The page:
Really Useful Information for Vintage Radio Enthusiasts

I've compiled the following stuff which may save a lot of time looking through data sheets or books (even if you have them!)


(radios only… someone else can do the TV bit)
Later volumes carried an index but the index for the earlier volumes were combined into a single volume and it's often this one that's hard to find in bookshops hence many wasted hours searching through pages.


List of Intermediate Frequencies for OLD radios
(earliest to just Post-War)

If you align a radio to the wrong frequency you'll find that the dial markings will be out and the gain at one end of a waveband will be low because the tracking won't be right. If you peak a radio onto a single frequency, whose circuits should be stagger-tuned, it'll howl and be a bit unstable. You'll also find it difficult to tune in stations and drifting will be a problem as it warms up. Audio fidelity will also suffer because you'll lose the bandwidth required for higher frequencies.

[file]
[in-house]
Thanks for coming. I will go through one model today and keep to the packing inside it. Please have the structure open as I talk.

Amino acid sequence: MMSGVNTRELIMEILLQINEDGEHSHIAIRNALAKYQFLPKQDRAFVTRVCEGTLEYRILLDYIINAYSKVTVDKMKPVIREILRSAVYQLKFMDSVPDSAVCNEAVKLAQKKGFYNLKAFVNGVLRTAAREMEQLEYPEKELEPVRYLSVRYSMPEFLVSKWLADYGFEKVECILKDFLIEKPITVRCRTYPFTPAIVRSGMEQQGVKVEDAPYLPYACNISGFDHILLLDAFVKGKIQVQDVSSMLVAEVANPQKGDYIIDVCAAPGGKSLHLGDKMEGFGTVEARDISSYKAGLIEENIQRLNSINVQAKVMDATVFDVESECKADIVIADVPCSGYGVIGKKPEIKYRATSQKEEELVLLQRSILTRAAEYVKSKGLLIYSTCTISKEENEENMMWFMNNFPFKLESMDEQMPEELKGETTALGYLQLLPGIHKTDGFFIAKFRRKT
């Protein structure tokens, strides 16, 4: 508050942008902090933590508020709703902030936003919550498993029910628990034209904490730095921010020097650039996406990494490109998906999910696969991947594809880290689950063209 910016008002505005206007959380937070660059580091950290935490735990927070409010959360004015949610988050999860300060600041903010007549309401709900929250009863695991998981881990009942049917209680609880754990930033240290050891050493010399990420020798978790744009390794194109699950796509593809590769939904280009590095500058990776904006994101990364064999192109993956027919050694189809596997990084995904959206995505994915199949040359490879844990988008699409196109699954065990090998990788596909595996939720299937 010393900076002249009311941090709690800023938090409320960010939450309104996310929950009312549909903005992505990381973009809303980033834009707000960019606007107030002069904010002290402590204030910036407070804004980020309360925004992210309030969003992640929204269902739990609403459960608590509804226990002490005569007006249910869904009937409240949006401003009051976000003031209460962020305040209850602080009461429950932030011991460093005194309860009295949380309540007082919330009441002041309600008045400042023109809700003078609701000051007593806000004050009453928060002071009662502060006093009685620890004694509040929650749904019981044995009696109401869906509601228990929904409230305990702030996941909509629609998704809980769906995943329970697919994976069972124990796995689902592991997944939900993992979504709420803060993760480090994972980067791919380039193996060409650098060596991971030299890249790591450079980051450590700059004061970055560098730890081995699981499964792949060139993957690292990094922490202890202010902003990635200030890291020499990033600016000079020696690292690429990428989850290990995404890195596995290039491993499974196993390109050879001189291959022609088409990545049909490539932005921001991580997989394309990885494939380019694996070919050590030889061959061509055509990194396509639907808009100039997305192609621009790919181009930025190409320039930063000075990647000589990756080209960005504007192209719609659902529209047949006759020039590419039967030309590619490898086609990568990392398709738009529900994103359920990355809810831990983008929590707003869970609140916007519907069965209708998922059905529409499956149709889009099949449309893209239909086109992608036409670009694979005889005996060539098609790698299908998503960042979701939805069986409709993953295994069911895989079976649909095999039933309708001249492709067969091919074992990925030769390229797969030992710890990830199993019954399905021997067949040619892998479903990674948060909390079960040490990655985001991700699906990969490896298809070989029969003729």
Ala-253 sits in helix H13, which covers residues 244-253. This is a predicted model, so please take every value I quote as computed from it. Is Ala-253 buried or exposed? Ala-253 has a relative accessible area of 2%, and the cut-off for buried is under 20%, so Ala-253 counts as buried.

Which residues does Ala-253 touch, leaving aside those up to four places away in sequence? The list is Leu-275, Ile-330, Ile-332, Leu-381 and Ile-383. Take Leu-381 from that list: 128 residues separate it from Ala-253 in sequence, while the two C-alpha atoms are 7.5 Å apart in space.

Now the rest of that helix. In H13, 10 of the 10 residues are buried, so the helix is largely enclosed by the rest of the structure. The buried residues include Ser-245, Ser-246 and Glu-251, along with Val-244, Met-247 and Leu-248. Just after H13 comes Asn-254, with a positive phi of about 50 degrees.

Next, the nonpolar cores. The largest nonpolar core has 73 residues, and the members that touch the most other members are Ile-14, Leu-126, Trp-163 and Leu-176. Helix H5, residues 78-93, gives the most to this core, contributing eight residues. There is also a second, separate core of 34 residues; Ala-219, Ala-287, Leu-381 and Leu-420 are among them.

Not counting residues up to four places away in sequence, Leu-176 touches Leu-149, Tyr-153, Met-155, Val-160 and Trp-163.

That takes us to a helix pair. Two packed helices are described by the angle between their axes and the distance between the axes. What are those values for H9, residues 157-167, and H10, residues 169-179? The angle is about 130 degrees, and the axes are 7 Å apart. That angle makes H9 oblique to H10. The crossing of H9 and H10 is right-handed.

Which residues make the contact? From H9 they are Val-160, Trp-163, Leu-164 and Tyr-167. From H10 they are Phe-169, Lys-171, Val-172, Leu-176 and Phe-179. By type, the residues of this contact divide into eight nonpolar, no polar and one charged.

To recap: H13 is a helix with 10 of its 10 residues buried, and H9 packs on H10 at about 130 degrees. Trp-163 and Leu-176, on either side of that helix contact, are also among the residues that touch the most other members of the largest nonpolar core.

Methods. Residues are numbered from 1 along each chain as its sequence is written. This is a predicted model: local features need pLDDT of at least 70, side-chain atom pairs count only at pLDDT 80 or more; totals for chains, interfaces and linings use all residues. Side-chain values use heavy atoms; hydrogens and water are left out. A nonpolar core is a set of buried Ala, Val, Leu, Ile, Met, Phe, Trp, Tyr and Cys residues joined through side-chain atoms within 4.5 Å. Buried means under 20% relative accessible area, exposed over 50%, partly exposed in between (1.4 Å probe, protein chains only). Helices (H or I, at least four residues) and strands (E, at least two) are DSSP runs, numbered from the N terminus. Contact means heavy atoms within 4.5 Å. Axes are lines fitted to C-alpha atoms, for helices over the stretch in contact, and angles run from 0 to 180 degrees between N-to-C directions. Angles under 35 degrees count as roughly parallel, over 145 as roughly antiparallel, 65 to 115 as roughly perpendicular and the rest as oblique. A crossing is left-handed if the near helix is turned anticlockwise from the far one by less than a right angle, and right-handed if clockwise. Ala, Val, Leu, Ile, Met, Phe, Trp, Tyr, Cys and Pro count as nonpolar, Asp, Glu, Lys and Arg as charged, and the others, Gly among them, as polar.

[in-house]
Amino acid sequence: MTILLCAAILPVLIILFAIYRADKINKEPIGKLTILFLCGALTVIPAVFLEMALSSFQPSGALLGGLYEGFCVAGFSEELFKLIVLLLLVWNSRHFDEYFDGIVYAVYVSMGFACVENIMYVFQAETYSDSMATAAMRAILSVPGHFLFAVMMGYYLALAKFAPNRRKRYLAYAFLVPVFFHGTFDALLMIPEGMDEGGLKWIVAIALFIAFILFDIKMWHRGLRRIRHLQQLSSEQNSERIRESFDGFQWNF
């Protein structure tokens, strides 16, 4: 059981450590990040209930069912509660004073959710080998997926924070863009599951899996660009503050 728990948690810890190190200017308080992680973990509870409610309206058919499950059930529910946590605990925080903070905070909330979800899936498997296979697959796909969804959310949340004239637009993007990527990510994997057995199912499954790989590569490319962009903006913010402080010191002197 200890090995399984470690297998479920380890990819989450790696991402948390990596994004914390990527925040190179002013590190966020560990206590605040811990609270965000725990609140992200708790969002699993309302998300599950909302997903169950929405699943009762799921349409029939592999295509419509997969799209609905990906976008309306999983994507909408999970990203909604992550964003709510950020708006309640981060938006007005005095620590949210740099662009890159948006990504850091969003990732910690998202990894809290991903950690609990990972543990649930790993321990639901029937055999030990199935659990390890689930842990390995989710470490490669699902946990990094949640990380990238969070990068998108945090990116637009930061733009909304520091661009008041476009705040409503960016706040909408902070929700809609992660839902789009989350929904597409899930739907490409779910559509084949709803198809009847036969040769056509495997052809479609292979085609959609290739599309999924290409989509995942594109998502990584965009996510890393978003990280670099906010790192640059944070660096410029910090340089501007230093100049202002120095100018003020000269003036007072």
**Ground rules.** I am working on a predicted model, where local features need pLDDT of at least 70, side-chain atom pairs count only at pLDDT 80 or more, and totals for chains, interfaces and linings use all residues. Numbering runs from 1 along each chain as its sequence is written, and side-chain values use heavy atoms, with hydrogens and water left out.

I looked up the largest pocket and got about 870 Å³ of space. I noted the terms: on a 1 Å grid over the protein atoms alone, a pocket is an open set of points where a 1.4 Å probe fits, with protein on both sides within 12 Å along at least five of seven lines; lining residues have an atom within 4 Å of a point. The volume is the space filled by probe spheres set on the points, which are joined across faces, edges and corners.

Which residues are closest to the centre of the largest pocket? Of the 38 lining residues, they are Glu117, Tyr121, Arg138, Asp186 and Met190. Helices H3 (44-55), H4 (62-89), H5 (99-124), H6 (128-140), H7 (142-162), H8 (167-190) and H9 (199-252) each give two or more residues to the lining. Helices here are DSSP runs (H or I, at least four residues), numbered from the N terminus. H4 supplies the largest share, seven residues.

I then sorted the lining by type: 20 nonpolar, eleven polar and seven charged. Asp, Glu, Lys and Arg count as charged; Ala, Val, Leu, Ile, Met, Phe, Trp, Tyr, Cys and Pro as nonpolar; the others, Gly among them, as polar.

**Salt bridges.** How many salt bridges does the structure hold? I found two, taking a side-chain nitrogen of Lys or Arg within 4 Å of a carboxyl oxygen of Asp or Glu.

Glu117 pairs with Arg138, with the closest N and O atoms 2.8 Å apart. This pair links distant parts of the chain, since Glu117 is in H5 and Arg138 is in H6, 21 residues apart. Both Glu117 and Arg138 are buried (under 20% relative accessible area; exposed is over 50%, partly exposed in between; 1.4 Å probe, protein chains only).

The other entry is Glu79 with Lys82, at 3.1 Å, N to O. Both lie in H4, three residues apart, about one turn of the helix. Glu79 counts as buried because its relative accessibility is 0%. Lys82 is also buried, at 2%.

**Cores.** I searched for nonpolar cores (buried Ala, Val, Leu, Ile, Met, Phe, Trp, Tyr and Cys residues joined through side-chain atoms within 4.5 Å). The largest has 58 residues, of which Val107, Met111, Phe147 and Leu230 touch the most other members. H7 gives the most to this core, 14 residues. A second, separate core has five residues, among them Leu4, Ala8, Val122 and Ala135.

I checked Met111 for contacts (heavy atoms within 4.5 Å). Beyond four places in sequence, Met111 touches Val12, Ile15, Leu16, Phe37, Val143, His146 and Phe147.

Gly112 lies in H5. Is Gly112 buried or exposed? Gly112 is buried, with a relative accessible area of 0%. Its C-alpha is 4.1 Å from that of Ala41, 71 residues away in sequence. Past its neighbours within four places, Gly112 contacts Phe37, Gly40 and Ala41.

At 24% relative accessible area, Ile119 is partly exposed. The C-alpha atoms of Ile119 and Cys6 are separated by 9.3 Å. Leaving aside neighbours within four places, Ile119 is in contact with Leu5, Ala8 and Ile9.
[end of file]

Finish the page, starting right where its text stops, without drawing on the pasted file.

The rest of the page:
List of Intermediate Frequencies for Valved Communications Receivers

The two sets of information provided include commercially available sets and "Government Surplus" types

Commercial types

Government Surplus types

Valve Line-Ups For Old Radios

This is a series of listings by "Mullard" for Radios around in 1933 by type

and by maker Radios around in 1933

together with a list of equivalent manufacturers' valve types

Also a listing for Radios around in 1944

Wavetek 2407 Signal Generator Operating Manual

Note that this is a 12 Mbyte PDF File

Safety aspects of repairing old radios

 Convert dBm to watts and volts

 UK Air Band Frequencies

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